The tourist season had long since left Gosh. It packed its souvenirs and memories and returned to Yerevan, squeezed into a vacuum-packed minibus. At least that’s how I got here. Gosh, a village of just over one thousand people, at the end of a small valley in Armenia’s heavily wooded Tavush Province, is known for its twelfth century monastery of Goshavank, burial place of the founder, monastic scholar Mkhitar Gosh. Known as Nor Getik, the monastery and surrounding settlement was renamed in his honour after his death in 1213. Gosh. There’s a pattern here, in response to which I issue a trigger warning for abysmal puns on the village’s name.
It was raining in Gosh; the forest paths to peaceful Lake Gosh in the mountains are not advisable in such weather. Two Russian tourists, mother and daughter, decided not to risk it (their expensive new boots might get wet,) and sat despondently in Hotel Gosh prodding at their late lunch. The Hotel reception doubles as a village shop in the autumn and winter months, from which one can dive into boxes of biscuits, bottles of shampoo, and all manner of necessities while admiring the magnificent monastery of Goshavank through the drizzle. Gosh experiences that particularly British ‘”fuck you” sort of weather. The heavens open and a humid, cloying mist seeps into the soul – smug, evasive, and intangible. I was almost homesick.
That was how I came to meet the former – recently deposed – Mayor of Gosh. Fiftysomething Hovsep leaned over the bar, his elbow resting in a tray of the village shop’s biscuits (chocolate, two hundred dram,) his face illuminated by the television’s glare. Hovsep glared back, puzzled. The news was like that. The anniversary of Kristallnacht, a typhoon in the Philippines, and the Day of the Skulls festival in Bolivia. We made small talk.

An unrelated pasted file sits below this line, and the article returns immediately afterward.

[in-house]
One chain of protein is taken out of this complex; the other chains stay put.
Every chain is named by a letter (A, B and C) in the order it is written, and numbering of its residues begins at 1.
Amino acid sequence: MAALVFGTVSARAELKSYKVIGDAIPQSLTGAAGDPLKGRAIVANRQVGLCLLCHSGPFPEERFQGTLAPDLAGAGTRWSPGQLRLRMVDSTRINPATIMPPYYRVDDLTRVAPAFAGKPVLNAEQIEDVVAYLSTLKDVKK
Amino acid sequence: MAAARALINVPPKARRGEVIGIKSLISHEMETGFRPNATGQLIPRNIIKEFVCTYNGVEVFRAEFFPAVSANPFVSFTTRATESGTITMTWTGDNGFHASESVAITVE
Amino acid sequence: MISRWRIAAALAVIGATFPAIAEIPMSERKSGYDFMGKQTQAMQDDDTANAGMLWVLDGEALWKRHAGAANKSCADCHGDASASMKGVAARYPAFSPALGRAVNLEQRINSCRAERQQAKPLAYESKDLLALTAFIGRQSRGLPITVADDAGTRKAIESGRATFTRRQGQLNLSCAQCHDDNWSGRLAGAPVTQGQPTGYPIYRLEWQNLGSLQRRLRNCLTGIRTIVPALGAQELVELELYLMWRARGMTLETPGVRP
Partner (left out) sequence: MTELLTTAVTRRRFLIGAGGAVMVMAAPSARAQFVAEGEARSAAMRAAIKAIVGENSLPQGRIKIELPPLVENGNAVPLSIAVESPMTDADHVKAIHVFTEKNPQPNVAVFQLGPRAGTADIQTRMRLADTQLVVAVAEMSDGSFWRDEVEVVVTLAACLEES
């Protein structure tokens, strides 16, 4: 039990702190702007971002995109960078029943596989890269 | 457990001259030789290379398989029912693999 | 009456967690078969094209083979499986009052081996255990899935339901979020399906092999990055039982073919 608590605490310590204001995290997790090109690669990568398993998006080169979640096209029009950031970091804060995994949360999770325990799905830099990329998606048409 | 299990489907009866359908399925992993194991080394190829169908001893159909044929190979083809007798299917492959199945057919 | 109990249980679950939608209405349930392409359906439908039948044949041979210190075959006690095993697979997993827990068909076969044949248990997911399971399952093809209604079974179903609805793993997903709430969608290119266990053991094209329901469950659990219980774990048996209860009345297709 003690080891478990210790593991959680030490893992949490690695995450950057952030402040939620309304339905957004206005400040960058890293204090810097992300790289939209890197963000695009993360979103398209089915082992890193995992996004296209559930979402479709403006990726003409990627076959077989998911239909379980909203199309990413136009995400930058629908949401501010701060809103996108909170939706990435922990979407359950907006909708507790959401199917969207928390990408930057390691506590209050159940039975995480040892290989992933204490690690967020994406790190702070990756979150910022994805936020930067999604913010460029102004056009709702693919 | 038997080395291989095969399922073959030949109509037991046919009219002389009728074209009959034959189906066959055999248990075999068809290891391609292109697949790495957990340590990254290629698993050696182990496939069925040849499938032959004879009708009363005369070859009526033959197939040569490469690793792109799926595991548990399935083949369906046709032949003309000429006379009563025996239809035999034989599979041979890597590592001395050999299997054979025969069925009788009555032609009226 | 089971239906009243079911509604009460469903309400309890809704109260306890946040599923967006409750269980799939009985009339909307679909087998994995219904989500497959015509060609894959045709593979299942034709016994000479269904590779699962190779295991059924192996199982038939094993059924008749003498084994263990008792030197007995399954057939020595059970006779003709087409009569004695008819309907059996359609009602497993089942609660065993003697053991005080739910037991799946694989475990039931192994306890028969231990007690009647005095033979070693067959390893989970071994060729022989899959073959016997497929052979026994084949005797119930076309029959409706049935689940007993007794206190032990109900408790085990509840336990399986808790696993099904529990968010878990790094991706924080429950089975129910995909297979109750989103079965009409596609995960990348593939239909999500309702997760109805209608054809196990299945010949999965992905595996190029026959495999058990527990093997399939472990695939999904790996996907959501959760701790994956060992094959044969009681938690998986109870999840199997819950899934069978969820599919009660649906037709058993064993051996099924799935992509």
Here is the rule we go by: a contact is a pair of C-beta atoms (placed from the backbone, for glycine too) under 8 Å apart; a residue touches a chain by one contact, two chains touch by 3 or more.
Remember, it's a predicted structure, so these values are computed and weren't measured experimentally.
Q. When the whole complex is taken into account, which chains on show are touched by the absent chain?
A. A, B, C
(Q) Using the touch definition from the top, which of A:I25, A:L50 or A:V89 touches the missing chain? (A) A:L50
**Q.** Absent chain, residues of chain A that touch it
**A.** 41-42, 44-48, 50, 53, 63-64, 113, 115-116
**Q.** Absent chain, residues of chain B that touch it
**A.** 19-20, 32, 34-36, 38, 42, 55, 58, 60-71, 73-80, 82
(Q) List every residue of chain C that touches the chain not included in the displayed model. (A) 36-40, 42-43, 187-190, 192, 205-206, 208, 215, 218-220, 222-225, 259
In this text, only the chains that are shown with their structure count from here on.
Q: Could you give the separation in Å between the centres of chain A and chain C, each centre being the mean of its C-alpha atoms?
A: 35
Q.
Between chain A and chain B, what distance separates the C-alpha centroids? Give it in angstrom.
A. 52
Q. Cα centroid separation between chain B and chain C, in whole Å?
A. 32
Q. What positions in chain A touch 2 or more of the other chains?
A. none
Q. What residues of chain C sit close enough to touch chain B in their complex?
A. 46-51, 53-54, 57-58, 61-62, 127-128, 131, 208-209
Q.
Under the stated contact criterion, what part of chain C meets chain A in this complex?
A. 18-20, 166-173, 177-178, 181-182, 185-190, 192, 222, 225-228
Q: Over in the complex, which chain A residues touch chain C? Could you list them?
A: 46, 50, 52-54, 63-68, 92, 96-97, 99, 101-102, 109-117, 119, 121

“Six million of them, it’s unbelievable… why did Hitler kill the Jews?”
I wasn’t quite sure.
“Perhaps because they refused to finance the war?”
“Many were killed. Jews, Roma, Communists, pacifists, the disabled, homeless, drug addicts…”
“Listen,” (I did) “you or I could lose the roof over our heads, you or I could lose our minds. But to be a drug addict? Narkotika? That’s a crime. An addict is worse than an animal.”
La Paz flickered into life on the television screen. A beaming Bolivian cradled a skull in her arms. The interviewer waved a microphone at her, and an explanation followed in Spanish, dubbed into Russian. The skull grinned, its first time on the big screen, and lost for words.
“The Jews were a clever people.”
The past tense confused me. There was some subterranean meaning to it, or perhaps a slip of the tongue. I had become very uncomfortable, and not entirely because of the bar stool.
I remembered a toast at a khorovats gathering with colleagues outside Yerevan. “Armenians love when they are loved.”
“So are the Armenians.”
Chess grandmasters, the genius of Mashtots, a well-worn list of my favourite, eminent –yans. I’d done this before, with a smile, a few choice phrases with an awful accent. Better still, I meant it. The Mayor of Gosh laughed at me.